An Auckland art gallery owner will not back down on plans to display the photo of a Mongrel Mob member accused of murder, despite a strong reaction online.
The Gow Langsford Gallery's display of eight Mongrel Mob members taken by award-winning photographer Jono Rotman - which includes a portrait of accused murderer Shane Harrison - launched last night.
Gallery co-owner Gary Langsford said he felt he had no choice but to include the image despite some abuse posted on the gallery's Facebook page.
"Some people are supportive and some certainly aren't," he said. "But we are not here to censor the work. If I set a precedent it would be like you guys [a newspaper] gagging freedom of speech. I just can't do it.
"We looked at [this] body of work and it was one of those shows that had to be done, for better or worse."
Harrison allegedly shot dead Sio Matalasi during a gang-related confrontation. Mr Matalasi's father has called for the photo to be withdrawn, accusing the gallery of immortalising Harrison.
Mr Langsford said the image of Harrison was taken four years ago - roughly three years before Harrison is accused of murdering Mr Matalasi. The body of work had taken Rotman seven years to compile.
"It is just a bloody unfortunate set of circumstances. In the context of the show it is just another image," Mr Langsford said. "No one would even know who this guy was if you guys [the Herald] hadn't have grabbed hold of it ... We've removed that image from our website and taken it off all publicity. And had we known we would have used another image, of course."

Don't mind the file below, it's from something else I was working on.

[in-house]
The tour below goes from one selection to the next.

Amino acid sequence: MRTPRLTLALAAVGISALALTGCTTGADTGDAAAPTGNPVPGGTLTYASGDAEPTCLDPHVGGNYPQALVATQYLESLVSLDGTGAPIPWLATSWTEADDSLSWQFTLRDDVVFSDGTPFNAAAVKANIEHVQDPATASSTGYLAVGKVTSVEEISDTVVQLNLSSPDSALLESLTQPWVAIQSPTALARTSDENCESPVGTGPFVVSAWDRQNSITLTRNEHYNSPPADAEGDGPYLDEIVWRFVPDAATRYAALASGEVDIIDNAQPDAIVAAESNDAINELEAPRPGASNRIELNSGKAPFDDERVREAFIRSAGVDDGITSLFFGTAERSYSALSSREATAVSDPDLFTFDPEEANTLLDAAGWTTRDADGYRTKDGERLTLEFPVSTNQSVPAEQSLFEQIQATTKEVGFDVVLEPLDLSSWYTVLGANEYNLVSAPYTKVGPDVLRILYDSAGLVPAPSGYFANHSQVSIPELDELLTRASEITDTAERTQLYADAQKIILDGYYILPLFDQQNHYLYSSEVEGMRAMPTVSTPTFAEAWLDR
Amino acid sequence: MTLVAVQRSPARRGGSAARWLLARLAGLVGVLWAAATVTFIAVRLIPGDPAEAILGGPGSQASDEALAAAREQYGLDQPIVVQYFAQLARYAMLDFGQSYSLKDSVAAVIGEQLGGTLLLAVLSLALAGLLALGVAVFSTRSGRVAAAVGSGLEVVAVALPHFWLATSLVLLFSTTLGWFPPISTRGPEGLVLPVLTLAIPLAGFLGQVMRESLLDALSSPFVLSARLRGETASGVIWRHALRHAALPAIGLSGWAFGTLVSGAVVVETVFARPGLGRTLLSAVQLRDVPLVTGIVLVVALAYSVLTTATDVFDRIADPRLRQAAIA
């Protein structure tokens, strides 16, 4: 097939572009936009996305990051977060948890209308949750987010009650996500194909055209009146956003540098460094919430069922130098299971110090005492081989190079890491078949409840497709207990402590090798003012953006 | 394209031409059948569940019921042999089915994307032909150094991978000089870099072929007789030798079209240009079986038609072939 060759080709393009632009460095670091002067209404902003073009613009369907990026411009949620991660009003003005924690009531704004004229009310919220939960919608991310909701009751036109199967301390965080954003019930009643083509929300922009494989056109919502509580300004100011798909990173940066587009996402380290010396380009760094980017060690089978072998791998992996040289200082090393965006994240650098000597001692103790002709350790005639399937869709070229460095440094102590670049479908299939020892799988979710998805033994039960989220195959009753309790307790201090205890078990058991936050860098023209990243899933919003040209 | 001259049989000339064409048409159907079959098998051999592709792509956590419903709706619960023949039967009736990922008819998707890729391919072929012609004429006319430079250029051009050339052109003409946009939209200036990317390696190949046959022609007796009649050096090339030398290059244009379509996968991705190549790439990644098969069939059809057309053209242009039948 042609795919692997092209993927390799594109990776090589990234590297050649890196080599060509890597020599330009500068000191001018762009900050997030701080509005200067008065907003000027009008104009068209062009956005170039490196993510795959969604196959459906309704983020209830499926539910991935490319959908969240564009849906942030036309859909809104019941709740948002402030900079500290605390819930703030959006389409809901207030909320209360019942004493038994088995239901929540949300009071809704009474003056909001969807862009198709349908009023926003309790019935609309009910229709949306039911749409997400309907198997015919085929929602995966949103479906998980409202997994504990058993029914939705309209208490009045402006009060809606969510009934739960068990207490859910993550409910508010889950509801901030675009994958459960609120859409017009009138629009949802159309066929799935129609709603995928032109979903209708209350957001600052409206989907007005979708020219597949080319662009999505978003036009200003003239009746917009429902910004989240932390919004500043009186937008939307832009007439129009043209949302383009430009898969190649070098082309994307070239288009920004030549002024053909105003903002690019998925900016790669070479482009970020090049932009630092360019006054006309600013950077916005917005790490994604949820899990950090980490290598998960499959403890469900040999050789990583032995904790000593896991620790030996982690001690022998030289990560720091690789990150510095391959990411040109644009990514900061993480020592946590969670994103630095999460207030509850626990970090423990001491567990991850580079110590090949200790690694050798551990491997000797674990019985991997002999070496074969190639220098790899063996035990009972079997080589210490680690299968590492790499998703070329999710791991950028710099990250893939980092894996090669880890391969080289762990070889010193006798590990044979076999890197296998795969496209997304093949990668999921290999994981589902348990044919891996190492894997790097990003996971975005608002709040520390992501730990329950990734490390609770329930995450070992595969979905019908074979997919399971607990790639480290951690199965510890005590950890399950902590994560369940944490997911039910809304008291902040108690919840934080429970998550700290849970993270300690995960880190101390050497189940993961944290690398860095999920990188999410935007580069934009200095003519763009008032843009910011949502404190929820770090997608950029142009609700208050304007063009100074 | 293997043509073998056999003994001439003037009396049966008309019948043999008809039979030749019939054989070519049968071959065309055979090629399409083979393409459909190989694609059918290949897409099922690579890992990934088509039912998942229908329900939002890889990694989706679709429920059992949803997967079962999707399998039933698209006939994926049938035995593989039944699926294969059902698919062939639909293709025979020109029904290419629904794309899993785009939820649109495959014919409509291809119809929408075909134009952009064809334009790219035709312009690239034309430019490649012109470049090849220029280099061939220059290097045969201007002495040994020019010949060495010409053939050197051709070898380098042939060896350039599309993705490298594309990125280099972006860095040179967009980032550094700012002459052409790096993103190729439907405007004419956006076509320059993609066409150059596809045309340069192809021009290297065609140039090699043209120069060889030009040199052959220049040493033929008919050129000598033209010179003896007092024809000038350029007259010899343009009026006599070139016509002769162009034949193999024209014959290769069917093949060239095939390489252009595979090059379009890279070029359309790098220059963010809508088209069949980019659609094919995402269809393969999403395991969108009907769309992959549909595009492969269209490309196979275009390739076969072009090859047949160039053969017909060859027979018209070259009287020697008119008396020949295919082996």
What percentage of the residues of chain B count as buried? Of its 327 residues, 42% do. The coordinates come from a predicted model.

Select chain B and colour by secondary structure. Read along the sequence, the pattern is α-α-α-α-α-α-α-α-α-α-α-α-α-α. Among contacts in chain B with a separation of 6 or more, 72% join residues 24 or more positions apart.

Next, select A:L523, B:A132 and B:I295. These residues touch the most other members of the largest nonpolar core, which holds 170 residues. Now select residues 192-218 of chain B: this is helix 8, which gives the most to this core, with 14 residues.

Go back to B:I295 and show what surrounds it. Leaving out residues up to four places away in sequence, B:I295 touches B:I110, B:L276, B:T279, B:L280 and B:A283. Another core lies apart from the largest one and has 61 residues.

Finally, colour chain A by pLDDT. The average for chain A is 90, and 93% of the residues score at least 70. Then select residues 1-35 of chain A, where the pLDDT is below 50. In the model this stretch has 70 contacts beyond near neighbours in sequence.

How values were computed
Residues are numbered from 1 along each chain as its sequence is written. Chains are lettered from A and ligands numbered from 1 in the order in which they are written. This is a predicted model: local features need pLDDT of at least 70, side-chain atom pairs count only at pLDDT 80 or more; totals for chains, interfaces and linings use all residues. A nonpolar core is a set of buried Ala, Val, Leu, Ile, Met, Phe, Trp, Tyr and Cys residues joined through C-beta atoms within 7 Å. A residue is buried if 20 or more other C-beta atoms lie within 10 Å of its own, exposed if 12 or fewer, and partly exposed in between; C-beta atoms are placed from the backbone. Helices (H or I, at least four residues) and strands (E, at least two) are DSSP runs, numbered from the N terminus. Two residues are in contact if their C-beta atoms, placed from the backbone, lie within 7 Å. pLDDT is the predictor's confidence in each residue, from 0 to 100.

Rotman last year received the prestigious $25,000 Marti Friedlander Photographic Award for his work depicting gang members. The New York-based photographer flew in for the exhibition yesterday.
"He knew there would be some negative response but I don't think he felt it would be as much as we've had," Mr Langsford said. "By the same token, we've had people turn around and say 'good on you, you have to do it whether you like it or not'. We are not here to show pretty pictures. Sometimes art is challenging and does create some controversy."
Last night Rotman said he felt sympathy for Mr Matalasi's family but he would only deal with them directly.
"It is not something I take lightly," he told Seven Sharp. "I really feel for them. It is a terrible occurrence but it is not something I am going to do through the media."
He said the timing of Harrison's court appearances was unfortunate "for a number of reasons but I am not going to censor my work".